Is “Chronic Pain” a Meaningful Diagnosis?

  • Milton CohenEmail author
  • John Quintner



“Chronic pain” and “chronic primary pain” in particular are both about to appear in the international taxonomy, ICD-11. While this is likely to have great utility at administrative and possibly clinical levels, the question arises as to whether people experiencing chronic pain also will benefit.


The definitions (denotations) of “chronic pain” as symptom, disease and diagnosis are refracted through the constraints of language, especially figures of speech, in order to ascertain if “meaning” is possible.


“Chronic (primary) pain” as a taxonomic entity remains tied to the definitional link of “pain” itself to actual or apprehended tissue damage. This situation does not assist the plight of those experiencers of pain in whom tissue damage cannot be demonstrated.


While the definition of pain itself is constrained by the link to tissue damage, there can be no satisfactory denotation of “chronic pain” for those who live with that experience. As such, meaning remains elusive.

Clinical Implications

“Chronic pain” and “chronic primary pain” in particular are about to appear in the international taxonomy, ICD-11. While this is a welcome development towards the recognition of chronic pain as a societal and clinical problem, with positive diagnostic, therapeutic and administrative implications, the question also arises, whether this “entity” carries meaning for those who experience it. This article argues that, while pain itself is defined as being linked to tissue damage, there can be no satisfactory denotation of “chronic pain” for those who live with that experience. As such, meaning remains elusive.


Chronic pain Taxonomy Meaning 


  1. 1.
    Treede RD, Rief W, Barke A, Aziz Q, Bennett MI, Benoliel R, et al. A classification of chronic pain for ICD-11. Pain. 2015;156(6):1003–7.PubMedPubMedCentralGoogle Scholar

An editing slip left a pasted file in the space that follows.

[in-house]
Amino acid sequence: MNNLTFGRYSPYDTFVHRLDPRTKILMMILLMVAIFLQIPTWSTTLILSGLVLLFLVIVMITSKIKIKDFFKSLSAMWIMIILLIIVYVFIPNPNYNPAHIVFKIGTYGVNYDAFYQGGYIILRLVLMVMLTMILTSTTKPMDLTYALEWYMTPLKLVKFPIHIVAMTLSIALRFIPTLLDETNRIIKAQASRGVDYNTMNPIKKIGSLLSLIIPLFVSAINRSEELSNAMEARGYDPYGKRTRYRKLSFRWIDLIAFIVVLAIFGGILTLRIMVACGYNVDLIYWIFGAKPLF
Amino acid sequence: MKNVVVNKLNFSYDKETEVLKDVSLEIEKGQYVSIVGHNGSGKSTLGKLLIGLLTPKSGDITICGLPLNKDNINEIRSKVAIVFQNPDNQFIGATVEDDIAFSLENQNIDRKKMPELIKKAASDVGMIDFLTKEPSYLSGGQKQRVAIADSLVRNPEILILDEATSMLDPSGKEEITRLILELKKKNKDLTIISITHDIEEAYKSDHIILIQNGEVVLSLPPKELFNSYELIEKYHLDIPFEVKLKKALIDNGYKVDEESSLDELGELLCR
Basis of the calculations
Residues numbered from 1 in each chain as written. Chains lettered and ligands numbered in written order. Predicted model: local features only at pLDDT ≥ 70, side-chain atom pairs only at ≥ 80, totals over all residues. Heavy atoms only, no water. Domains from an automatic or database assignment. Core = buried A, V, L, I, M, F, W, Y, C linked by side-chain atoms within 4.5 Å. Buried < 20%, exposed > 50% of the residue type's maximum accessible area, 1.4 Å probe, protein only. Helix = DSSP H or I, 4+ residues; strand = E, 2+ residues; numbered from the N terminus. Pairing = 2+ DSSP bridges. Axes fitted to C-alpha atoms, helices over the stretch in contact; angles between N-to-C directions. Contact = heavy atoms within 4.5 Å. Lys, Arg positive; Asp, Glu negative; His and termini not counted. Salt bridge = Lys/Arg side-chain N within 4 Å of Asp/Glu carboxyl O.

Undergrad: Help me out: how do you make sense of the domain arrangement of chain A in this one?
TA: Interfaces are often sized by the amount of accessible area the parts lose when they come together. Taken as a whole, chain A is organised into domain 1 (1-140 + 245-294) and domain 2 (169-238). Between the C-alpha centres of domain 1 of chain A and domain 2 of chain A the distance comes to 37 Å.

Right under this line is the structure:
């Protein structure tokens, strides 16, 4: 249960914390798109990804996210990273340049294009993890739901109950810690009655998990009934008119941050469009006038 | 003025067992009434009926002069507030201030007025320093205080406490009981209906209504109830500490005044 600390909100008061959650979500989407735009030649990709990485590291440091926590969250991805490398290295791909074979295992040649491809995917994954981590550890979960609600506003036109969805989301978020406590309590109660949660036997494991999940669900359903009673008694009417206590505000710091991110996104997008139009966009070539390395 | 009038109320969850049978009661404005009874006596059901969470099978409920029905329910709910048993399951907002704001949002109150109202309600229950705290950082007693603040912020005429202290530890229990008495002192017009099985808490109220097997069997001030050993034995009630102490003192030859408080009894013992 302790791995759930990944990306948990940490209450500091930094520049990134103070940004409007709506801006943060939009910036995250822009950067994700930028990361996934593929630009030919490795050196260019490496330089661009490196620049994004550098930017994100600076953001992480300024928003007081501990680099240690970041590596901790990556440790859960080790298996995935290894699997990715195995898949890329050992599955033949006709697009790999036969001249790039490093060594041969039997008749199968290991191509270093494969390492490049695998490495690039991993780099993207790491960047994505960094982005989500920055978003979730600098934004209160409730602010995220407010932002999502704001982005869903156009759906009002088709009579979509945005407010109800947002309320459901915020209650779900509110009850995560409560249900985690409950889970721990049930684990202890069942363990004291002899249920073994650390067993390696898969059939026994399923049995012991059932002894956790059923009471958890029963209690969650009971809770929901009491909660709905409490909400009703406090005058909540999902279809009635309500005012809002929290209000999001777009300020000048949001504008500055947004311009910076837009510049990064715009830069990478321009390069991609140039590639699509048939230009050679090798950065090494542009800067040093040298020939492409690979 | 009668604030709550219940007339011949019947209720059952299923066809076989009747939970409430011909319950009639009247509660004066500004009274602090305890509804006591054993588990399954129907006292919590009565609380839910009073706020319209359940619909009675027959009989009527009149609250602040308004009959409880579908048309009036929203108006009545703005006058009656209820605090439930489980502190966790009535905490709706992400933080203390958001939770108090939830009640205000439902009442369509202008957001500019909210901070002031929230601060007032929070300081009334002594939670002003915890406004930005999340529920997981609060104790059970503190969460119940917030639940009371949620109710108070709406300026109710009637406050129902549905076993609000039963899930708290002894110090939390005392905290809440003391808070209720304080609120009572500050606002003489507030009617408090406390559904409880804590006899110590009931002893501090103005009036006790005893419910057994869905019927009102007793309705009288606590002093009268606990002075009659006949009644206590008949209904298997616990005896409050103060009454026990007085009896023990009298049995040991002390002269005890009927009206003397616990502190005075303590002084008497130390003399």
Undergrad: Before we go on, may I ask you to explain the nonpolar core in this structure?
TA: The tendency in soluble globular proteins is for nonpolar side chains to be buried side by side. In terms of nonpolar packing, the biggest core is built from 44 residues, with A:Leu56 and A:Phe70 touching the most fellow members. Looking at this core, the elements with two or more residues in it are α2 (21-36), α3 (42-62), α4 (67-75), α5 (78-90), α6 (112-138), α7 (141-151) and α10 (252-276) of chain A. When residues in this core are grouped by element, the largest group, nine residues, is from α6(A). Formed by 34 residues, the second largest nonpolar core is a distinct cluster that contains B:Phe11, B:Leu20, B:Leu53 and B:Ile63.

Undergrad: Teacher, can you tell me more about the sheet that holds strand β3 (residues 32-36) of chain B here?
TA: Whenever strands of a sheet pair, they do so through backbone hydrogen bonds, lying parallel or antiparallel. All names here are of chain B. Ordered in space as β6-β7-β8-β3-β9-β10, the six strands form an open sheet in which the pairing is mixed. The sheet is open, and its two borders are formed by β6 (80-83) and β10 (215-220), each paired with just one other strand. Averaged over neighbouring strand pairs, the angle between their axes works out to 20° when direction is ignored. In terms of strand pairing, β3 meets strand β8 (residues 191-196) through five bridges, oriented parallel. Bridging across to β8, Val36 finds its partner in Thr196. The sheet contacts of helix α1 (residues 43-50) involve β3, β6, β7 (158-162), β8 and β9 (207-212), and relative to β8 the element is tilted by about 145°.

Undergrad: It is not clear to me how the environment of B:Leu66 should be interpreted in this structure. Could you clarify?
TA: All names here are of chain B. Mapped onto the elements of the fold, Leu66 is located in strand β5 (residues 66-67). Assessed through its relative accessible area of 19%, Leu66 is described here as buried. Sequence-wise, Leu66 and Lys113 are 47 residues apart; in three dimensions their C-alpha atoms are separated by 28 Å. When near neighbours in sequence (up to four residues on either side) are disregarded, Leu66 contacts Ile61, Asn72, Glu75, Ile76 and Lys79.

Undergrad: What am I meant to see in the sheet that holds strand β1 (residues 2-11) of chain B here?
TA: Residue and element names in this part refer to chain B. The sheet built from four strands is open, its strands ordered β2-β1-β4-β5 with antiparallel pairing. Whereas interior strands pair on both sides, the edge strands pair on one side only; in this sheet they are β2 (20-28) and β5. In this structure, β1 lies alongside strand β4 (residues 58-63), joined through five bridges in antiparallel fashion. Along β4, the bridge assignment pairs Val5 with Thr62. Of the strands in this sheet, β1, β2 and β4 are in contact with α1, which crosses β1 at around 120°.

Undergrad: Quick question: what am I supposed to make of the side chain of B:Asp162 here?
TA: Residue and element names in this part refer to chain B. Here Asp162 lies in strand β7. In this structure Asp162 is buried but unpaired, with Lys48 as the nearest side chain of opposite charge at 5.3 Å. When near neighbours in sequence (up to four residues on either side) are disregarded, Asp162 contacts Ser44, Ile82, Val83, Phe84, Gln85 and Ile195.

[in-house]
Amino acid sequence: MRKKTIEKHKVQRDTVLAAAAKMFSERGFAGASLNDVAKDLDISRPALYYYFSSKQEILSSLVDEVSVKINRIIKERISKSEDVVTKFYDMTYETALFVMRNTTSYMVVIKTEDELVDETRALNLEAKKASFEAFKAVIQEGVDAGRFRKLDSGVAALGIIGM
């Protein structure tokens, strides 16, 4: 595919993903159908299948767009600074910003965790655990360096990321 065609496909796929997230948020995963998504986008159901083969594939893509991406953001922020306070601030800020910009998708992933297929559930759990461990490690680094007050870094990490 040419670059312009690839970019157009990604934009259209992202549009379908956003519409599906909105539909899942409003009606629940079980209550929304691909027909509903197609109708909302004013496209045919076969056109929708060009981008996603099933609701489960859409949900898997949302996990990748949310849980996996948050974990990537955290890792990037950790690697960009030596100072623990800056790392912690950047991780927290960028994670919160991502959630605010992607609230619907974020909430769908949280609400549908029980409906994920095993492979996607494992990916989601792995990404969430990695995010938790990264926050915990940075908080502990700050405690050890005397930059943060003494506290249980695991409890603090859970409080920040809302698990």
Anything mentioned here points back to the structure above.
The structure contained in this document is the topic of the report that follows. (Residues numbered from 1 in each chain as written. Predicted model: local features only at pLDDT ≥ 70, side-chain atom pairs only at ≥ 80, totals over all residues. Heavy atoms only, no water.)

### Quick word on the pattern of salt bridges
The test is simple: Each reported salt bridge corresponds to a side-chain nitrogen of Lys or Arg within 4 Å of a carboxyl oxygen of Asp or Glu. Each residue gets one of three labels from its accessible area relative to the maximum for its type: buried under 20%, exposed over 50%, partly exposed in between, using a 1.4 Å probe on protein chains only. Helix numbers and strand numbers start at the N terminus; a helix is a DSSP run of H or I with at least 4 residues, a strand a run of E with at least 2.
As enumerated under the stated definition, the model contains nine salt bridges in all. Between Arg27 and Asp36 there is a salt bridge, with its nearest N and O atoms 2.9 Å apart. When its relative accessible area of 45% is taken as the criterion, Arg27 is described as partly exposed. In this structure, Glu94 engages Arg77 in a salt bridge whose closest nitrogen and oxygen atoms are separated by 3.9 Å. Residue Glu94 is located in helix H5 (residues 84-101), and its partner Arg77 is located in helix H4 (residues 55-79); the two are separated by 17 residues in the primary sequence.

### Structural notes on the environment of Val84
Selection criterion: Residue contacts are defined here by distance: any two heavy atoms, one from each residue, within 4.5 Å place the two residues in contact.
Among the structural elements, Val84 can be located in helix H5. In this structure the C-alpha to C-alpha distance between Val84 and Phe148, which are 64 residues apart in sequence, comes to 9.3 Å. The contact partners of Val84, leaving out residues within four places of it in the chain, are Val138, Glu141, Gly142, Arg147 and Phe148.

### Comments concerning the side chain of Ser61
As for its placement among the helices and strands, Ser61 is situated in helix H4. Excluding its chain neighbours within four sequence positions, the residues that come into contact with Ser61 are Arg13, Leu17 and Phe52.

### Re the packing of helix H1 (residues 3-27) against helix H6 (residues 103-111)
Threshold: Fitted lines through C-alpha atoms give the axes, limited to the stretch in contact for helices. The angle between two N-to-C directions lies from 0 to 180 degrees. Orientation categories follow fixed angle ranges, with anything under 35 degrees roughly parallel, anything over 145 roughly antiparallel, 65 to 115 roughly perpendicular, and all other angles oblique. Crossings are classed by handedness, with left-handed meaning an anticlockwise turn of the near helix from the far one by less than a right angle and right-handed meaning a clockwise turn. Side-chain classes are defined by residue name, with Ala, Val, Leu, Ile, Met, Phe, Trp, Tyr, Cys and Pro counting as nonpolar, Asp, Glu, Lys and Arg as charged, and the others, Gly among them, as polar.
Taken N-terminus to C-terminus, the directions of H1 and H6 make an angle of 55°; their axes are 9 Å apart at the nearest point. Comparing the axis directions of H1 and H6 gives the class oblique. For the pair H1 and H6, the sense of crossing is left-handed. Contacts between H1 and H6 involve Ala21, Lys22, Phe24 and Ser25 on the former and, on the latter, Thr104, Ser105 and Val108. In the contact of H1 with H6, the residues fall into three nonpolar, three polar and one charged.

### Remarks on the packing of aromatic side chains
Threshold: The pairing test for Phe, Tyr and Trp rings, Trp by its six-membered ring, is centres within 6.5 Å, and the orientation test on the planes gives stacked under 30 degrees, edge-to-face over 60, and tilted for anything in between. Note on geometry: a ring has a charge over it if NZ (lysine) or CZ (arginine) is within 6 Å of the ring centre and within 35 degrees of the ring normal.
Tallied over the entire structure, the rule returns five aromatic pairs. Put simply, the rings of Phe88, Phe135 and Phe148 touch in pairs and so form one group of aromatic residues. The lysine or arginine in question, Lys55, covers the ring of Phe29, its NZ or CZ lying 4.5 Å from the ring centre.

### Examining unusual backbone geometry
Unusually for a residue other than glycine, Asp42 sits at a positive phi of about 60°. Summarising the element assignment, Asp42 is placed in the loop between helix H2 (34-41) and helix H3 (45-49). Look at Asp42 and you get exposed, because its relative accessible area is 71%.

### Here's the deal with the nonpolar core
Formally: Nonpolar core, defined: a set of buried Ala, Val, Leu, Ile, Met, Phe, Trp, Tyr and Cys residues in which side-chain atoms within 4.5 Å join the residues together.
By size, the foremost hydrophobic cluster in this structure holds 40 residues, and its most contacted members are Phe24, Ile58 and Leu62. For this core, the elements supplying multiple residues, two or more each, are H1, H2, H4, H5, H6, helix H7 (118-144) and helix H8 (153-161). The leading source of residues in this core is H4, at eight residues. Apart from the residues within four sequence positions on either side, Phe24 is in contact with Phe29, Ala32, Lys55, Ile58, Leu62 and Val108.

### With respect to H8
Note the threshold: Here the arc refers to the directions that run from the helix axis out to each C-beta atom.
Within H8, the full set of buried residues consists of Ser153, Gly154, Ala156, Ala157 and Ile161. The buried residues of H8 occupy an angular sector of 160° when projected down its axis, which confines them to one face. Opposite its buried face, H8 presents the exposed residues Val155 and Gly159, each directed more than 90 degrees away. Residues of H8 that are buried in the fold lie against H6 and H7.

2. 2.
    Nicholas M, Vlaeyen JWS, Rief W, Barke A, Aziz Q, Benoliel R, et al. The IASP taskforce for the classification of chronic pain. The IASP classification of chronic pain for ICD-11: chronic primary. Pain. 2019;160(1):28–37.PubMedCrossRefGoogle Scholar
  3. 3.
    Mill JS. A system of logic, ratiocinative and inductive. In: Robson JM, editor. The collected works of John Stuart Mill, vol. 2. London: University of Toronto Press; 1843. p. 5.Google Scholar
  4. 4.
    Cohen M, Quintner J, van Rysewyk S. Reconsidering the IASP definition of pain. Pain Rep. 2018;3(2):e634.PubMedPubMedCentralCrossRefGoogle Scholar
  5. 5.
    Derbyshire SWG. The IASP definition captures the essence of the pain experience. Pain Forum. 1999;8(2):106–9.CrossRefGoogle Scholar
  6. 6.
    Williams ACC, Craig KD. Updating the definition of pain. Pain. 2016;157:2420–3.CrossRefGoogle Scholar
  7. 7.
    Merskey H, Bogduk N, editors. Classification of chronic pain: descriptions of chronic pain syndromes and definition of pain terms. 2nd ed. Seattle: IASP Press; 1994. 222 p.Google Scholar
  8. 8.
    Bonica JJ. The management of pain. Philadelphia: Lea and Febirger; 1953. 592 p.Google Scholar
  9. 9.
    Tallis R. Hippocratic oaths: medicine and its discontents. London: Atlantic Books; 2004. p. 43–73.Google Scholar
  10. 10.
    Young ME, Brookes L, Norman GR. Found in translation: the impact of familiar symptom descriptions on diagnosis in novices. Med Educ. 2007;14:1146–51.CrossRefGoogle Scholar
  11. 11.
    Peters A, McEwan BS, Friston K. Uncertainty and stress: why it causes diseases and how it is mastered by the brain. Prog Neurobiol. 2017;156:164–88. Scholar
  12. 12.
    Baumeister RE, Landau MJ. Finding the meaning of meaning: emerging insights from four grand questions. Rev Gen Psychol. 2018;22(1):1–10.CrossRefGoogle Scholar
  13. 13.
    Ogden CK, Richards IA, editors. The meaning of meaning. 8th ed. New York: Harcourt, Brace and World, Inc.; 1946. 363 p.Google Scholar
  14. 14.
    Wittgenstein L. Philosophical investigations. Anscombe GEM, Hacker PMS, Schulte J, translators. Oxford: Blackwell; 2009. 246 p.Google Scholar
  15. 15.
    Ruthrof H. Language, Vorstellung, and meaning as use. Linguist Philos Invest. 2011;10:60–92.Google Scholar
  16. 16.
    Luis-Flores H. The imagination’s piano in Wittgenstein’s Philosophische Untersuchungen. In: Wittgenstein and the future of philosophy. A reassessment after 30 years. Papers of the 24th international Wittgenstein-symposium. Kirchberg am Wechsel: Austrian Ludwig Wittgenstein Society; 2001. p. 218–23.Google Scholar